But despite the renaming of the lawsuit, attitudes in Summerton today reflect bitter divisions that linger in communities around the country, said Joe Elliott, a grandson of Roderick M. Elliott, the segregationist school board chairman. Summerton's white residents rarely discuss the case openly, even though Elliott, 64, has made a mission of exploring its conflicted legacy.

Now, 50 years after the landmark decision, most all of the approximately 1,500 children in the area attend schools that are virtually all white or all black.

And rather than becoming increasingly integrated, the rest of the nation seems to be becoming more like divided Summerton. Integration gains that accelerated in most of America through the 1970s have been eroding sharply since the late 1980s, as courts have backed away from using busing plans to force school systems to integrate, according to research by Harvard University's Civil Rights Project.

Integration finally gained momentum in the 1970s, as court-mandated busing programs brought together white and black schoolchildren from different neighborhoods and fair housing laws chipped away at neighborhood segregation. Although fewer than 1 percent of black children attended majority-white schools in 1954, by 1988, that figure had reached 43.5 percent.

But the tide has turned, according to Civil Rights Project data. By 2000, the percentage of blacks in America attending majority-white schools had nose-dived to 31 percent. Today, more than half of all black children living in some of the nation's most populous states -- Michigan, Illinois, New York, Maryland and New Jersey -- attend schools where 90 percent or more of students are not white.

More than 2 in 5 black children attend highly segregated schools in Pennsylvania, Wisconsin, Alabama, Mississippi, Louisiana and Missouri. The abandonment of forced busing also means more than 2 in 5 Hispanic children attend mainly nonwhite schools in New York, Texas, California and New Jersey.

"We are celebrating a victory over segregation, but it's more appropriate as a time of reflection than celebration because we're going in the wrong direction," said Harvard professor Gary Orfield, co-author of a Civil Rights Project report titled "Brown at 50: King's Dream or Plessy's Nightmare." "Segregation is increasing, and it is leaving black and Hispanic children in impoverished apartheid schools."

Segregation on the rise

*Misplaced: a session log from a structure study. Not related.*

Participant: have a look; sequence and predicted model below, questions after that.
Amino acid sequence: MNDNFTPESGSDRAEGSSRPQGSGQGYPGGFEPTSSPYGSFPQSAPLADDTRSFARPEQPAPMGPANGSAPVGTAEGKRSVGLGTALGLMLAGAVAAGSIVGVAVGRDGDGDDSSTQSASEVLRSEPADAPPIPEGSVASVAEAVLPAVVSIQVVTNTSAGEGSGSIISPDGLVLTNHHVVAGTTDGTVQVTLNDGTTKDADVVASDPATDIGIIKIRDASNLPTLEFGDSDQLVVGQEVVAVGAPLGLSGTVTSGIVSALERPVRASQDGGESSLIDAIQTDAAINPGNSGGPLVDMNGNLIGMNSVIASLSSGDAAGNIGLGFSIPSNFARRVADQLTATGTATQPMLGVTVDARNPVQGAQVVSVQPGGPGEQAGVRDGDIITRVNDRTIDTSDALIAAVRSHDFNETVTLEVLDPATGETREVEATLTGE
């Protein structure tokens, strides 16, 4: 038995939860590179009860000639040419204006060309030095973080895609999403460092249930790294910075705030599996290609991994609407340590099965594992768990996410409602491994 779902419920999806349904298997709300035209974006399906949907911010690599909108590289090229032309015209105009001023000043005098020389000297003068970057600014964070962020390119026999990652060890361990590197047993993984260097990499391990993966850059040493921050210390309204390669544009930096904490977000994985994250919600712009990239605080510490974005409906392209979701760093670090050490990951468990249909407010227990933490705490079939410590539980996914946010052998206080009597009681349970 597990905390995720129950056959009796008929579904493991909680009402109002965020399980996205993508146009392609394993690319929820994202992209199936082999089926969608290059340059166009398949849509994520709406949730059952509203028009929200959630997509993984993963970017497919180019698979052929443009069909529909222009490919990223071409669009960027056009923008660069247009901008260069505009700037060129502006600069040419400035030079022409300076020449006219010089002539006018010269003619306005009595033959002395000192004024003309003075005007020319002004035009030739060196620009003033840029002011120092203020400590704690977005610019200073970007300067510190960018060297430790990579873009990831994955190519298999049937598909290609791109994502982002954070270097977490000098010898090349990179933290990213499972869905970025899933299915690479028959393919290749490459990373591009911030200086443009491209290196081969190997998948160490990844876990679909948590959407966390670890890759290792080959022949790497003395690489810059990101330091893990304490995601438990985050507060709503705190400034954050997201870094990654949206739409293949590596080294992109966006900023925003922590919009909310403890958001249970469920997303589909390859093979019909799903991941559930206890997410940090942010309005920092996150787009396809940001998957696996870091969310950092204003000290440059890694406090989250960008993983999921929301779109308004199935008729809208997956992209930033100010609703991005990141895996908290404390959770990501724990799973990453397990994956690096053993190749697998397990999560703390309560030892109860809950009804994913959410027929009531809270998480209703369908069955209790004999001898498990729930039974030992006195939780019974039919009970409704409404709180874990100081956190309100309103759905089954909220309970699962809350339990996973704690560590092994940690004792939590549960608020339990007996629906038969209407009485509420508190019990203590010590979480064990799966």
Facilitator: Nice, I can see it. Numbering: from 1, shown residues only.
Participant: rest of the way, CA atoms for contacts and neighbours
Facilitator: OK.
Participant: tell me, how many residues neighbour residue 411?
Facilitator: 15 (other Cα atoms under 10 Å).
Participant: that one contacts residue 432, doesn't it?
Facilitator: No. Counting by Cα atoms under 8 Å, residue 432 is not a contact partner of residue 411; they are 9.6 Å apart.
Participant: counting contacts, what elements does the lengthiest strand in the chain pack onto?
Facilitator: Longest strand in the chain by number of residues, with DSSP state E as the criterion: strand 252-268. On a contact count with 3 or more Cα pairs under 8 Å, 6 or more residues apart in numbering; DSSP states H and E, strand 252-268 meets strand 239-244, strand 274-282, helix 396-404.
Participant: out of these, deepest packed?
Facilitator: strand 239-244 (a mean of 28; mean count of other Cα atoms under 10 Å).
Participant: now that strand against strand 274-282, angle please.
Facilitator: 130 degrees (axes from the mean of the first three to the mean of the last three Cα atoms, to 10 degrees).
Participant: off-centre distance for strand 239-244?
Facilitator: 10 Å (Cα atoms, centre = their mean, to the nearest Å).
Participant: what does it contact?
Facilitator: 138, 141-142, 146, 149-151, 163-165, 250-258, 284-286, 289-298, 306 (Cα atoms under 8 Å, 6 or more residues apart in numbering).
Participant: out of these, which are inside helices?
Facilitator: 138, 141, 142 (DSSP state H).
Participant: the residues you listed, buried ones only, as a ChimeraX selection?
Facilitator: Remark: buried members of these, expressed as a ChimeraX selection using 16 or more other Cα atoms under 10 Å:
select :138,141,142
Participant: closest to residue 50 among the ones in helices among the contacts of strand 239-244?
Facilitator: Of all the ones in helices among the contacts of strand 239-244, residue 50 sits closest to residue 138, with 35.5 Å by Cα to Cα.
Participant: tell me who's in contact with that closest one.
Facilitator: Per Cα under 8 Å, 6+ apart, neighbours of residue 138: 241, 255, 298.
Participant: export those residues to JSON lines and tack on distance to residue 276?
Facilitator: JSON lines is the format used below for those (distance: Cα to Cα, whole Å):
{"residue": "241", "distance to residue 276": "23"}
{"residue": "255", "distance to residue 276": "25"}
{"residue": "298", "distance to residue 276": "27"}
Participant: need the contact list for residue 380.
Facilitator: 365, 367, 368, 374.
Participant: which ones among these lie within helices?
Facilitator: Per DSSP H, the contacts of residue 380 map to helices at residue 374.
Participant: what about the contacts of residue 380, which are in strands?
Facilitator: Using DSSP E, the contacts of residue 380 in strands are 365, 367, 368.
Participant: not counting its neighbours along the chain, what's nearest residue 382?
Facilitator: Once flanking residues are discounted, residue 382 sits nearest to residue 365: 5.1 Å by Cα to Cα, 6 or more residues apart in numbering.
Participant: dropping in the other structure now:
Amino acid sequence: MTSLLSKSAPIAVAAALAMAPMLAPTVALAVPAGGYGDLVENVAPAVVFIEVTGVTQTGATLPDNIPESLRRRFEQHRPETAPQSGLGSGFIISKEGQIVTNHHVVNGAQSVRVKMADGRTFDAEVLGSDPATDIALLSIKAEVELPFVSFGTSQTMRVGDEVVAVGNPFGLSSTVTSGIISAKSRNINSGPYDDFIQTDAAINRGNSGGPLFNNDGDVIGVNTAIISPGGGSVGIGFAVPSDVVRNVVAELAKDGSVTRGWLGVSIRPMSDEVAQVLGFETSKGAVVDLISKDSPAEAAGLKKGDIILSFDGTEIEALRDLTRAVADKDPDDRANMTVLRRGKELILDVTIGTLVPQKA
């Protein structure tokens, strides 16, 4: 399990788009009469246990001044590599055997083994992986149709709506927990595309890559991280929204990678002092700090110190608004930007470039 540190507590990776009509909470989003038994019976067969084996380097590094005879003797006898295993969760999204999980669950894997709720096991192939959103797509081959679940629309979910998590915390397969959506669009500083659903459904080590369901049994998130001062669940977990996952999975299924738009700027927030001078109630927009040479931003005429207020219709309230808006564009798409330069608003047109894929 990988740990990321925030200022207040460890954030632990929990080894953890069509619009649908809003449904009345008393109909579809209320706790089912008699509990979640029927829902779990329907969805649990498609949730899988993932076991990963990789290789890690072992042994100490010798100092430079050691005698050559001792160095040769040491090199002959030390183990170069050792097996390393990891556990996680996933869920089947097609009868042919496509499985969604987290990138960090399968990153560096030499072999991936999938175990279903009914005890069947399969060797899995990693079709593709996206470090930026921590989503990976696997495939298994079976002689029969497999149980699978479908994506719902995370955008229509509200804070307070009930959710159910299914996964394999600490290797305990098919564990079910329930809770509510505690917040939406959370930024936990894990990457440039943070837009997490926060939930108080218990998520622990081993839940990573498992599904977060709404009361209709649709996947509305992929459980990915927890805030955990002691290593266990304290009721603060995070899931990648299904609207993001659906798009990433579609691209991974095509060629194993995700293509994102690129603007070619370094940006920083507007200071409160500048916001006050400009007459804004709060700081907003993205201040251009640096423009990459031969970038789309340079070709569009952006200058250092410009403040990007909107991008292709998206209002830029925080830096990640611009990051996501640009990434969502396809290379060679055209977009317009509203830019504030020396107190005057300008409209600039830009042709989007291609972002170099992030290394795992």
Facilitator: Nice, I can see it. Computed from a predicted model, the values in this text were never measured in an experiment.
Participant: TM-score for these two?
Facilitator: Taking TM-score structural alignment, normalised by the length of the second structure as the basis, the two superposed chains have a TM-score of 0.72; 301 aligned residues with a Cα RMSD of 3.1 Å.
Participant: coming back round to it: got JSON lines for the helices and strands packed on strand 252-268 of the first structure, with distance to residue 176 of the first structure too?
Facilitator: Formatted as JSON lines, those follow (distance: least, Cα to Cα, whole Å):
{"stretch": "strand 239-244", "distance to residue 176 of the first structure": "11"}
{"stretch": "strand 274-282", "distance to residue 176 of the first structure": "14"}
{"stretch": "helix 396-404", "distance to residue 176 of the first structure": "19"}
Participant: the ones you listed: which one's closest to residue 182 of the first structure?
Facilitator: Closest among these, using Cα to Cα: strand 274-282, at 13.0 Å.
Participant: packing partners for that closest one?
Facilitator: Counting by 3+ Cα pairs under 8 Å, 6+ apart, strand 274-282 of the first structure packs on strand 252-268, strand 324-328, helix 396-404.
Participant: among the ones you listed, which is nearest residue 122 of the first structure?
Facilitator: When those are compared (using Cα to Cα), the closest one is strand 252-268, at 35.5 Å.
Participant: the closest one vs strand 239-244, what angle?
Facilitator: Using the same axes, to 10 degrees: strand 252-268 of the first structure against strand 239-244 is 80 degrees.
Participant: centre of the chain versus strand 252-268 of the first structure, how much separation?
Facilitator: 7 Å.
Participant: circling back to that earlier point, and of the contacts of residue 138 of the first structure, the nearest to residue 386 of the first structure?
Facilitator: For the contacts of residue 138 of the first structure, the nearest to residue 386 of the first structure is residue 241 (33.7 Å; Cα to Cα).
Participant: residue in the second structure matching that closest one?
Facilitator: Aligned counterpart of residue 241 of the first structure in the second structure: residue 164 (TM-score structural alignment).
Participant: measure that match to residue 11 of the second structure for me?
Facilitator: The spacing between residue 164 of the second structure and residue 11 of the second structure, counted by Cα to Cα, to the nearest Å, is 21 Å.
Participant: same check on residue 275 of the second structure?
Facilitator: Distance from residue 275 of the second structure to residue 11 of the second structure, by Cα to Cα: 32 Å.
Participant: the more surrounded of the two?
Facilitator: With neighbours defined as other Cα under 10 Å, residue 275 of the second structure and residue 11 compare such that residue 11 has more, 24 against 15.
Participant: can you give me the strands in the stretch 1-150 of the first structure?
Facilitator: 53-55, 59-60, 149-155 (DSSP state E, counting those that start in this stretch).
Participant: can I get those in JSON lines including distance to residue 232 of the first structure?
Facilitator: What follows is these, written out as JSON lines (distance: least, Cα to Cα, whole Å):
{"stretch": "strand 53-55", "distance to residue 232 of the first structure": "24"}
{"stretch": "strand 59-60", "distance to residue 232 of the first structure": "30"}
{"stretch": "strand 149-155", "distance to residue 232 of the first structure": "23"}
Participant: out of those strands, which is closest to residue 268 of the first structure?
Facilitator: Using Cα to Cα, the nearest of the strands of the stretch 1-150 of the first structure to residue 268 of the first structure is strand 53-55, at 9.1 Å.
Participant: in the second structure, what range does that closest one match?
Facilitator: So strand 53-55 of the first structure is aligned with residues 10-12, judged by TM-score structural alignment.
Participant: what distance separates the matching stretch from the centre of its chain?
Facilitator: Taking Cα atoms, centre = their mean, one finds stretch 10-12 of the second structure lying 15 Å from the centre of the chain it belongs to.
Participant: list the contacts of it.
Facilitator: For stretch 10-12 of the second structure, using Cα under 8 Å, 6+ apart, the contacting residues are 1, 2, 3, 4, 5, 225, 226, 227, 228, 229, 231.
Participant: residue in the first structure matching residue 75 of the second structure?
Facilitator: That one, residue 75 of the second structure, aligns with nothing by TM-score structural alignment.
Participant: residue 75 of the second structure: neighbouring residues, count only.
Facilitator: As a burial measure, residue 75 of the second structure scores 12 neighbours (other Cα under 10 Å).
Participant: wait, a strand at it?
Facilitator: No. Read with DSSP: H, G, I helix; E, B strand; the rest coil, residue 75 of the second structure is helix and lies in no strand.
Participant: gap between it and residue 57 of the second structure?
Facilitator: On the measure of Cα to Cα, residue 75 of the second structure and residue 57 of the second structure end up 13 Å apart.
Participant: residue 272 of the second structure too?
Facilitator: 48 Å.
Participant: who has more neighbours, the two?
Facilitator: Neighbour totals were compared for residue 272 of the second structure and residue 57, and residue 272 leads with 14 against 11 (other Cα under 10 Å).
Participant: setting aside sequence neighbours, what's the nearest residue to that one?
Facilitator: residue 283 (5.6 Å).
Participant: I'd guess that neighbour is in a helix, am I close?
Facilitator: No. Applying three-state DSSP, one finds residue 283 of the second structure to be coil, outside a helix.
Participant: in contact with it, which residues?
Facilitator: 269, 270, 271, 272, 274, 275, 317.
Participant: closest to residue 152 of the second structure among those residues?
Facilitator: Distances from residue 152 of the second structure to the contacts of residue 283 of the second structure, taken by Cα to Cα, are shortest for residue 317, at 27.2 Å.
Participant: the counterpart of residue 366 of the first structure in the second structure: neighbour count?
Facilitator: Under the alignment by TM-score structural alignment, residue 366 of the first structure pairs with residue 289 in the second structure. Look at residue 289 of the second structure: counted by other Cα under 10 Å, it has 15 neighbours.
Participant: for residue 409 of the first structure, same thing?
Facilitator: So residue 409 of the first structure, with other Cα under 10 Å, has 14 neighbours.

The study also found that in many districts where court-ordered desegregation plans were dismantled during the 1990s, segregation increased sharply. It shows that minority students attending highly segregated schools are more likely to have their educational prospects harmed by poverty-related factors, according to the Civil Rights Project.

Scholars say a key to the momentum away from integration was a 1991 Supreme Court decision that approved the end of an Oklahoma City busing program. Though its elimination resulted in 11 of the city's schools becoming all black, the court ruled 5-4 that because backers of the integration could not prove the school board had a racial motive, its halt of busing was not unlawful.

To be sure, the court's ban on legal segregation is credited with successfully unleashing a broad current of positive social change, according to Richard Kluger, who chronicled the Brown case and its legacy in his recently revised book "Simple Justice." The number of blacks in America graduating from high school soared from 13.7 percent in 1950 to 77.4 percent in 1999. The percentage of blacks living in poverty dropped from 66 percent in 1960 to 22 percent in 2000.

Blacks, who until the 1960s were mostly confined to urban ghettos and rural squalor, increasingly live in comfortable homes in safe neighborhoods. The social limits that once prohibited the sharing of neighborhoods and social interactions across racial lines have markedly receded.

And after the Brown ruling, Congress and the courts often leaned on its legal reasoning to introduce other social gains, eliminating restrictions on age, race and sex discrimination in housing, employment, public accommodations and facilities for the disabled, and creating nutrition, education and community programs to help the disadvantaged.

Today, many of the descendants of the Briggs v. Elliott plaintiffs study at a modern high school in Summerton, rather than the shacks their ancestors endured.

Brandon Oliver, 17, whose great-grandmother, Mary Oliver, was among the plaintiffs in the groundbreaking case, has a course load that includes Advanced Placement calculus and physics.

"She told me stories of how it was like, and I figured I'd never want that to happen to me," said Oliver, who plans to study mechanical engineering next year at Clemson University. "That's why I work hard."

In Summerton, echoes of the original case still reverberate in the corn, cotton and soybean hamlet of 1,100 souls a mile west of Interstate 95.

Ten miles away in a courthouse in Manning -- the county seat -- Summerton's schools are among 36 plaintiff districts that claim the state's funding system denies a basic education to the mostly minority children in low-income school systems.

In Summerton's almost all-black public high school, where 95 percent of children are from low-income families that qualify for free or reduced-cost lunches, SAT scores are well below the national average. Across South Carolina, more than 4 in 10 black and Hispanic students who took state standardized tests last year posted "below basic" scores in English, versus fewer than 2 in 10 white students. In math, 40.6 percent of blacks and 34.7 percent of Hispanics scored "below basic," versus 15.1 percent of whites.

"We have the poorest facilities, the lowest number of certified teachers, extremely high rates of teacher turnover, the lowest test scores and the lowest teacher salaries," said Carl B. Epps III, a lawyer for the plaintiffs.